Trahan and other advocates for the bill argued the practice violates the intent of the ballot initiative process, and that there’s no way for the state to determine that Maine residents are gathering signatures, as required.

The bill requires those who gathers signatures to wear a badge with their first and last names, the name of the organization employing them and to disclose their employment history to the state. Violation of those and other changes would become a Class E crime.

Similar initiatives have been enacted and overturned in other states, including Colorado, which had its badge requirement struck down by the U.S. Supreme Court in 1999. In that case the court ruled that the restrictions violated petition gatherers’ right to speak anonymously.

Oamshri Amarasignham, public policy attorney for the ACLU of Maine, cited the Colorado case in her testimony against the bill Wednesday.

Deputy Secretary of State Julie Flynn agreed that the current proposal likely wouldn’t survive a constitutional challenge. Flynn said the bill’s advocates could attempt to define the duties of a signature gatherer in statute to help ensure that Mainers are actually doing the work.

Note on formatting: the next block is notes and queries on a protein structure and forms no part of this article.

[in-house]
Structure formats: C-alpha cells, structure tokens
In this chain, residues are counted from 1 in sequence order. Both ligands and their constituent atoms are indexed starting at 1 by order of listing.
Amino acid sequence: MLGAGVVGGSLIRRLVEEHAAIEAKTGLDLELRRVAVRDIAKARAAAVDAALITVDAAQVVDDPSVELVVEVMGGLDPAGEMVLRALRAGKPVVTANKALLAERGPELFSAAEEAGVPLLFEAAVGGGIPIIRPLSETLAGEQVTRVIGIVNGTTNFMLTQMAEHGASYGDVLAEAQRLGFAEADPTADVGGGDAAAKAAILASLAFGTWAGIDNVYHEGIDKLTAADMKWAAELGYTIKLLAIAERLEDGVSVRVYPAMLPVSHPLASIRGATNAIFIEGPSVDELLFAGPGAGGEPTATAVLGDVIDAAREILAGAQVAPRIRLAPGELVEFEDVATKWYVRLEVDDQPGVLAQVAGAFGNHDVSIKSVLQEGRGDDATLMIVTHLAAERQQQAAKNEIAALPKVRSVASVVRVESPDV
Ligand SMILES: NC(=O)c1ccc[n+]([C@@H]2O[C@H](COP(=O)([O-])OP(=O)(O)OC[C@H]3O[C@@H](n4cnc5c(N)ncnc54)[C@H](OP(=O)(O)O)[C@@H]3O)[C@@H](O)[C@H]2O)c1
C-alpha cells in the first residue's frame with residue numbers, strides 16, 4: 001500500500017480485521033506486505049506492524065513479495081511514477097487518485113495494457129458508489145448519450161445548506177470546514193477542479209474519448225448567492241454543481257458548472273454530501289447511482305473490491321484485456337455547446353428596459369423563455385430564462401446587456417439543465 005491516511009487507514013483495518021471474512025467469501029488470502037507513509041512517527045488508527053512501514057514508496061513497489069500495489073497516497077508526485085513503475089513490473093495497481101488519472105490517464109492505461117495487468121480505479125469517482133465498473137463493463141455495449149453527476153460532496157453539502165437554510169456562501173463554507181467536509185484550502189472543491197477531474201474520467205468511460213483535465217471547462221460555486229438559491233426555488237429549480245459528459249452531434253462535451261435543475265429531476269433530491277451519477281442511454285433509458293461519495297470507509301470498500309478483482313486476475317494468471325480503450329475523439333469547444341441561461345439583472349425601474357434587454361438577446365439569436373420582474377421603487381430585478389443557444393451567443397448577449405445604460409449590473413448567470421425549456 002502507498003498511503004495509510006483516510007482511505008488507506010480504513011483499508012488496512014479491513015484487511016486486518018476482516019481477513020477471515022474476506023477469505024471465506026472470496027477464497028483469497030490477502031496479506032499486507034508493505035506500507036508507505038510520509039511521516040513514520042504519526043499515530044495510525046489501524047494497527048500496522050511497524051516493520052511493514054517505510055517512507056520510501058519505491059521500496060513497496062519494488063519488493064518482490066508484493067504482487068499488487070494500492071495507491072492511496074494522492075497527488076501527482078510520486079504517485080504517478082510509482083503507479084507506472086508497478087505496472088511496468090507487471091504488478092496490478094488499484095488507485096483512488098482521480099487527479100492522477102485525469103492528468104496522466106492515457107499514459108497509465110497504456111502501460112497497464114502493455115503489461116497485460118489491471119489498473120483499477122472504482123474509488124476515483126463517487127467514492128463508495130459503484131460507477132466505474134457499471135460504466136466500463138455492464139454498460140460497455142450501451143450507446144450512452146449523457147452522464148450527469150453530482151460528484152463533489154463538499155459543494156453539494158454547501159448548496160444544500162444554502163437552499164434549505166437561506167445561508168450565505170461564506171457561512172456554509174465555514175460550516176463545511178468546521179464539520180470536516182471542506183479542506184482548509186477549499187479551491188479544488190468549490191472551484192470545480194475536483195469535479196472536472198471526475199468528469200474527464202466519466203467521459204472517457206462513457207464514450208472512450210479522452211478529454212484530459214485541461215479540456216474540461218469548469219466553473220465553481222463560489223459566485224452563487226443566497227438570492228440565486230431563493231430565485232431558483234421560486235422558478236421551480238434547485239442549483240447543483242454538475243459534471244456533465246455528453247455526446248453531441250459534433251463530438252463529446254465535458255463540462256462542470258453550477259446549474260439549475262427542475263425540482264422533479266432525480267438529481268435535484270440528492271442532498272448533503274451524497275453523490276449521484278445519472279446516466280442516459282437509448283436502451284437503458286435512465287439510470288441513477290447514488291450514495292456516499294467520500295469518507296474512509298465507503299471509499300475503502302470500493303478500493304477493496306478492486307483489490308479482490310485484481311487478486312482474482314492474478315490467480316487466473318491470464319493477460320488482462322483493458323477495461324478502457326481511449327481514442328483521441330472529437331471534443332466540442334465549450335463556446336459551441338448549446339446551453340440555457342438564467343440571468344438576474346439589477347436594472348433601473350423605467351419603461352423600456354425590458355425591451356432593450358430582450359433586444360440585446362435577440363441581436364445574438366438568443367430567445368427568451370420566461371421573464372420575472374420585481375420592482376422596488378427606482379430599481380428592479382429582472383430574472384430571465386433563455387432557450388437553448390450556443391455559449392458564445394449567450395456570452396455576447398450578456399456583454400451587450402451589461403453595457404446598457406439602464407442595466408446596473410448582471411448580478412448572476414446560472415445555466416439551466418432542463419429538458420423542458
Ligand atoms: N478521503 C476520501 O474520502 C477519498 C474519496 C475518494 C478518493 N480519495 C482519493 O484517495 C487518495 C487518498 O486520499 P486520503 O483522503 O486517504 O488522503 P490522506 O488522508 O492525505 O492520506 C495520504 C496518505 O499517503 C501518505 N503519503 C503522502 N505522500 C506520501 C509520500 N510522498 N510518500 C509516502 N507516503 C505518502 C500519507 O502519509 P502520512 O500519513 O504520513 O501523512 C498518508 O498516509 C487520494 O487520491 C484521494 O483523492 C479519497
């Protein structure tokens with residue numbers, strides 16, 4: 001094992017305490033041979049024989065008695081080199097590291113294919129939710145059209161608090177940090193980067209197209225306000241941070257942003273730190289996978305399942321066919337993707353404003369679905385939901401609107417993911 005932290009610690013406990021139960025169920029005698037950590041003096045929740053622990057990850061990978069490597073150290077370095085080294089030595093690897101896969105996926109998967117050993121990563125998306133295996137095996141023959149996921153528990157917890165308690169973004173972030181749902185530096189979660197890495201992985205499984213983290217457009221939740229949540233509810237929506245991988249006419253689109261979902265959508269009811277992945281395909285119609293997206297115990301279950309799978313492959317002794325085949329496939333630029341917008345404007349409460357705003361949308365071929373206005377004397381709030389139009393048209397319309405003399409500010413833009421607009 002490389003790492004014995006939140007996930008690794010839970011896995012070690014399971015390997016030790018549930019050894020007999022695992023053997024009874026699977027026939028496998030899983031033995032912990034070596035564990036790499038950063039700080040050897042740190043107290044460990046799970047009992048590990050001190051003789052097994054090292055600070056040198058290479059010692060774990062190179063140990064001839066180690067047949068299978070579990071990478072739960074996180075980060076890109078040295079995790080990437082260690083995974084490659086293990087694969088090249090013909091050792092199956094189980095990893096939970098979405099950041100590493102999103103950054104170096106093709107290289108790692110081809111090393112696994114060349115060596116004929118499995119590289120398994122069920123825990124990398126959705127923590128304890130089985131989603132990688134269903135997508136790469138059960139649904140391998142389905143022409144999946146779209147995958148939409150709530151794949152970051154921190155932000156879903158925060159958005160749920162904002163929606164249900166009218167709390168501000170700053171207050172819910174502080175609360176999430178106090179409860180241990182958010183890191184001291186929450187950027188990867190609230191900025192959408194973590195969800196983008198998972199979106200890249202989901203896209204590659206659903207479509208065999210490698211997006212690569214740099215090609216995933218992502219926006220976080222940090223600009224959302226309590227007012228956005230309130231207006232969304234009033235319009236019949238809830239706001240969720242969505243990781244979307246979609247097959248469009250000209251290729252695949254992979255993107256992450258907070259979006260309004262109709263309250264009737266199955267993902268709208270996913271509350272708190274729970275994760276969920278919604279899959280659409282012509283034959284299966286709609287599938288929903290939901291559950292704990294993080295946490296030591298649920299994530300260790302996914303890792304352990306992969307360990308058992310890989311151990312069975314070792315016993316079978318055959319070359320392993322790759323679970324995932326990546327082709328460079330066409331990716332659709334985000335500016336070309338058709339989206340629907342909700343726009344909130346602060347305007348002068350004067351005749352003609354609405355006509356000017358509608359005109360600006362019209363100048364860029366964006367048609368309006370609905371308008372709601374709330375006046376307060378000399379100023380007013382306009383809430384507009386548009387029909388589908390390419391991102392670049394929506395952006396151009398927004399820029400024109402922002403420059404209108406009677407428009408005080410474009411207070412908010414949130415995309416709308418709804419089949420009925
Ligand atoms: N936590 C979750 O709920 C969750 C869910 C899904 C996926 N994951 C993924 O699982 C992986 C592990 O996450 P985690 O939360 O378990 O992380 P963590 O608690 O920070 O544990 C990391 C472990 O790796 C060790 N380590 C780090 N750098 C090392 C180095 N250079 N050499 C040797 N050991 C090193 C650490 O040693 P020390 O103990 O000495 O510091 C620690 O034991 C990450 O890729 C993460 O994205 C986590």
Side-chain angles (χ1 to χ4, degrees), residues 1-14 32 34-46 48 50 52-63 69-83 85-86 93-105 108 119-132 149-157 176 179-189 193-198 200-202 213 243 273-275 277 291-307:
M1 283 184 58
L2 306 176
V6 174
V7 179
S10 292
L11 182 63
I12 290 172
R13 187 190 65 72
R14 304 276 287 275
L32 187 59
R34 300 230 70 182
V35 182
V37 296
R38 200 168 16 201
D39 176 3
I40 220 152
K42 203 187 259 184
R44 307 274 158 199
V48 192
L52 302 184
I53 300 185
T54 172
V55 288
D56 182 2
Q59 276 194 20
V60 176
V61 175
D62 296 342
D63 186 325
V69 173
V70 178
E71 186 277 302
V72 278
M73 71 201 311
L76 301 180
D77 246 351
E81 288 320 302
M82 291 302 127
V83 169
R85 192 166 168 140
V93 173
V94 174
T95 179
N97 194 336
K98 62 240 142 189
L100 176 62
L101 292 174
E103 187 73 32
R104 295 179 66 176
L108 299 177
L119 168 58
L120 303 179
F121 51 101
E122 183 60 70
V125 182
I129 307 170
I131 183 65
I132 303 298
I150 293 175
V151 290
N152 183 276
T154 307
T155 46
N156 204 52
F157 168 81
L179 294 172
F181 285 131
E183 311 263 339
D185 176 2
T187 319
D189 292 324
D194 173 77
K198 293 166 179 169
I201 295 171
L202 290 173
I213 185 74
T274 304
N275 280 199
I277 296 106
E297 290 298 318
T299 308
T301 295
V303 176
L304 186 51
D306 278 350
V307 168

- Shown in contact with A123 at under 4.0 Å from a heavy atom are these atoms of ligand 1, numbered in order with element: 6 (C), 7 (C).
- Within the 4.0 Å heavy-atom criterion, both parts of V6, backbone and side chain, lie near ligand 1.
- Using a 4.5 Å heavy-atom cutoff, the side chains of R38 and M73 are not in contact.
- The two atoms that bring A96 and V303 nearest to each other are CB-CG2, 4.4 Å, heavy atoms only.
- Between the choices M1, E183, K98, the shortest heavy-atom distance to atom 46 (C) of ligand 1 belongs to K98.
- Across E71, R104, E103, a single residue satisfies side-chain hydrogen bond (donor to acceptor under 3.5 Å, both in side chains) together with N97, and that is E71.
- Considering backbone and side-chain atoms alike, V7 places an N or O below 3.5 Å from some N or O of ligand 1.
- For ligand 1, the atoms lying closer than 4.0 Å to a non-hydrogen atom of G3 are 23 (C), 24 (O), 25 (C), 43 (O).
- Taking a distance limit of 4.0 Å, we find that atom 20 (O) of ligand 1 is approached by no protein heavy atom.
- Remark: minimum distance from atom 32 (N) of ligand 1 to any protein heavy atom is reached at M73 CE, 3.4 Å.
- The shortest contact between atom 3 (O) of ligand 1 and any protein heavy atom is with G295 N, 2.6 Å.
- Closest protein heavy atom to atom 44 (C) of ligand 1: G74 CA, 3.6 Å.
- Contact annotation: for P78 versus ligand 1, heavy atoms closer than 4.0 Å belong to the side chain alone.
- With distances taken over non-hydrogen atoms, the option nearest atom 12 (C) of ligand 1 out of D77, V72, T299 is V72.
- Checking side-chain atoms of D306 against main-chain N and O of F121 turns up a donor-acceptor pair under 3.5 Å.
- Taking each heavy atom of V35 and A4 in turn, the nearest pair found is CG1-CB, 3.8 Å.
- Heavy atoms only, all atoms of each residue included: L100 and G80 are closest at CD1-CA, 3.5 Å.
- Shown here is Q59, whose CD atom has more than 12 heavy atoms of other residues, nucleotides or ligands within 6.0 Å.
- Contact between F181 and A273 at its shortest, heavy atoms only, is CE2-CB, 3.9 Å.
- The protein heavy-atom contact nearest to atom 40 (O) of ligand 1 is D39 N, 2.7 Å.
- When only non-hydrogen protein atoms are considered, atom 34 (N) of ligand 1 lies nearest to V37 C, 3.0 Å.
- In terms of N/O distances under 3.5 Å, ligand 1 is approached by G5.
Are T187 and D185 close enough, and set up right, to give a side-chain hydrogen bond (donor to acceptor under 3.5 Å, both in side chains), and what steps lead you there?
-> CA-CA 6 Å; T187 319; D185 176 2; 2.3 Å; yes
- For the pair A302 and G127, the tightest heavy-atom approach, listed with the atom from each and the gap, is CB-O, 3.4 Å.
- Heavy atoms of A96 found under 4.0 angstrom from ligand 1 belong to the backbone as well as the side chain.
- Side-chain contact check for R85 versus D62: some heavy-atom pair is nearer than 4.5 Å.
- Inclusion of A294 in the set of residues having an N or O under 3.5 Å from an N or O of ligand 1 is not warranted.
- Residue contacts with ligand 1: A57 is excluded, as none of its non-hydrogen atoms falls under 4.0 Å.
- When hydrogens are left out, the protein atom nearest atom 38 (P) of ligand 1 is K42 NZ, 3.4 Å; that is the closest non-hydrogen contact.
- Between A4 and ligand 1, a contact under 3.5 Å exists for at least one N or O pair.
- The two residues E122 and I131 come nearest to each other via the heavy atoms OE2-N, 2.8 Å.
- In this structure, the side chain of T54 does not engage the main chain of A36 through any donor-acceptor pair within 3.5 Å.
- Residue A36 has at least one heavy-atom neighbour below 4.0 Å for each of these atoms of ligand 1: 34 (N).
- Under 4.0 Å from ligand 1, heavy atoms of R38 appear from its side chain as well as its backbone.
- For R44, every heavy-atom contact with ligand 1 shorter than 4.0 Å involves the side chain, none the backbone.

Trahan told the Portland Press Herald Wednesday that he planned to amend the bill to address constitutional concerns. He said the sportsman’s group was working with attorneys for the National Rifle Association to draft the language. The NRA did not testify on the proposal, but it has notified its Maine members about the bill and urged them to support it.

While the passage of the proposal will likely hinge on the language amendment, several lawmakers on the Veterans and Legal Affairs Committee expressed concern about the influence of out-of-state groups on Maine ballot questions. Some lawmakers peppered Katie Hansberry, the state director of the Maine chapter of the Human Society of the United States, with questions about PCI Consulting, a firm paid over $228,000 by Mainers for Fair Bear Hunting to help get the initiative on the 2014 ballot. Hansberry defended the campaign’s use of PCI, saying the campaign had been forced to hire the company because the initiative had a late start and proponents wanted to get on the 2014 ballot. She added that it was ultimately Mainers’ decisions to sign the petitions.